Effect of cognitive activity level on duration of post-concussion symptoms

Pediatrics. 2014 Feb;133(2):e299-304. doi: 10.1542/peds.2013-2125. Epub 2014 Jan 6.


Objective: To determine the effect of cognitive activity level on duration of post-concussion symptoms.

Methods: We conducted a prospective cohort study of patients who presented to a Sports Concussion Clinic within 3 weeks of injury between October 2009 and July 2011. At each visit, patients completed a scale that recorded their average level of cognitive activity since the previous visit. The product of cognitive activity level and days between visits (cognitive activity-days) was calculated and divided into quartiles. Kaplan-Meier Product Limit method was used to generate curves of symptom duration based on cognitive activity level. To adjust for other possible predictors of concussion recovery, we constructed a Cox proportional hazard model with cognitive activity-days as the main predictor.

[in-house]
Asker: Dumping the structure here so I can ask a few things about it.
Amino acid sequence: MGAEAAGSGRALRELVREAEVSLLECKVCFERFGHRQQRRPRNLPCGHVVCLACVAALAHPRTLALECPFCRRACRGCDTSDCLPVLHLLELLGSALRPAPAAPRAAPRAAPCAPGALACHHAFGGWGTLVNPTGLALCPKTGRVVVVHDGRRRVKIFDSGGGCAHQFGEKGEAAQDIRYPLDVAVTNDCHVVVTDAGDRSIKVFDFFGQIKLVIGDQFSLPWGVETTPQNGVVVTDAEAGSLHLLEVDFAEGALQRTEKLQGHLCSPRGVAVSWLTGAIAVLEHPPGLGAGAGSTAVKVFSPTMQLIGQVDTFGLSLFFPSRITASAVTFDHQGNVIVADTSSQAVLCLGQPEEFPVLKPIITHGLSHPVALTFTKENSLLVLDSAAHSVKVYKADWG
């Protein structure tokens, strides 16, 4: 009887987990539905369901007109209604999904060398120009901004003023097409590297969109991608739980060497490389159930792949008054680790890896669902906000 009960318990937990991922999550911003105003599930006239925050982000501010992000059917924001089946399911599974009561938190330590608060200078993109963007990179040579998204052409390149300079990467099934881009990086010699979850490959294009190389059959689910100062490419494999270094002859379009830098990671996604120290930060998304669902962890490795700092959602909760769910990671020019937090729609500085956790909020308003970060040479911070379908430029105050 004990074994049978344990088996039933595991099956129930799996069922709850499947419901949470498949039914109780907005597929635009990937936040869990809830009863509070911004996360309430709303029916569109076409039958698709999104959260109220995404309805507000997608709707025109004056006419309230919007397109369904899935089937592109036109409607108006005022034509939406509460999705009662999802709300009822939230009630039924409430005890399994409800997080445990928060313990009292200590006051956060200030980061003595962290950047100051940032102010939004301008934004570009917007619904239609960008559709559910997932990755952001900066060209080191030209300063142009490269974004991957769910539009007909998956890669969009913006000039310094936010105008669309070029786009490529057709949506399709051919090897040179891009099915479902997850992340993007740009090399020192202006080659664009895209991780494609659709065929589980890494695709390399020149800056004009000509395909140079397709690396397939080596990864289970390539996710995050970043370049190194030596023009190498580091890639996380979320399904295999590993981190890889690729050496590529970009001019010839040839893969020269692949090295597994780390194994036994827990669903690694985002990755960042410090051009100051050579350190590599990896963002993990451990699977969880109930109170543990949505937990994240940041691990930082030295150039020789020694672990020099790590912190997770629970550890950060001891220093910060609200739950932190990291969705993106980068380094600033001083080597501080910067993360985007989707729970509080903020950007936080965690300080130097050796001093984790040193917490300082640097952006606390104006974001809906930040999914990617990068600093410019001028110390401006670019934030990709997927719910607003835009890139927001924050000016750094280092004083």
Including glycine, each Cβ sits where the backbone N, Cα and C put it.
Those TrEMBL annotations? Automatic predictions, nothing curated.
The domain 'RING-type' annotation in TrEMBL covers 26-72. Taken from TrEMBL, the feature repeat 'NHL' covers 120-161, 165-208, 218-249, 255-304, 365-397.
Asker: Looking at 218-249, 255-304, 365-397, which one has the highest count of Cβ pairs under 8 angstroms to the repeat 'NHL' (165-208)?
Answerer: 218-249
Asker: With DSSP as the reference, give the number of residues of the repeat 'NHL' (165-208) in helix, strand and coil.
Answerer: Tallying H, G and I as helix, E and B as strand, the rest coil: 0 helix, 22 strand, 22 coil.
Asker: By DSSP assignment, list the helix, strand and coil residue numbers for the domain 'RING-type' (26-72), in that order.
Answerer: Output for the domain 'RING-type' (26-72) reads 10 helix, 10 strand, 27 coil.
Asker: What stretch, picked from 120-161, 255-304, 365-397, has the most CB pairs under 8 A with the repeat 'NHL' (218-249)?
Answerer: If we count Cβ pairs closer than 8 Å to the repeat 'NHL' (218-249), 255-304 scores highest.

Results: Of the 335 patients included in the study, 62% were male, 19% reported a loss of consciousness, and 37% reported experiencing amnesia at the time of injury. The mean age of participants was 15 years (range, 8-23) and the mean number of previous concussions was 0.76; 39% of athletes had sustained a previous concussion. The mean Post-Concussion Symptom Scale score at the initial visit was 30 (SD, 26). The overall mean duration of symptoms was 43 days (SD, 53). Of all variables assessed, only total symptom burden at initial visit and cognitive activity level were independently associated with duration of symptoms.

Conclusions: Increased cognitive activity is associated with longer recovery from concussion. This study supports the use of cognitive rest and adds to the current consensus opinion.

Keywords: concussion; mild traumatic brain injury; post-concussion syndrome; sports medicine.

Publication types

  • Research Support, N.I.H., Extramural

MeSH terms

  • Adolescent
  • Athletic Injuries / psychology*
  • Child
  • Cognition*
  • Female
  • Humans
  • Male
  • Post-Concussion Syndrome / psychology*
  • Prospective Studies
  • Time Factors
  • Young Adult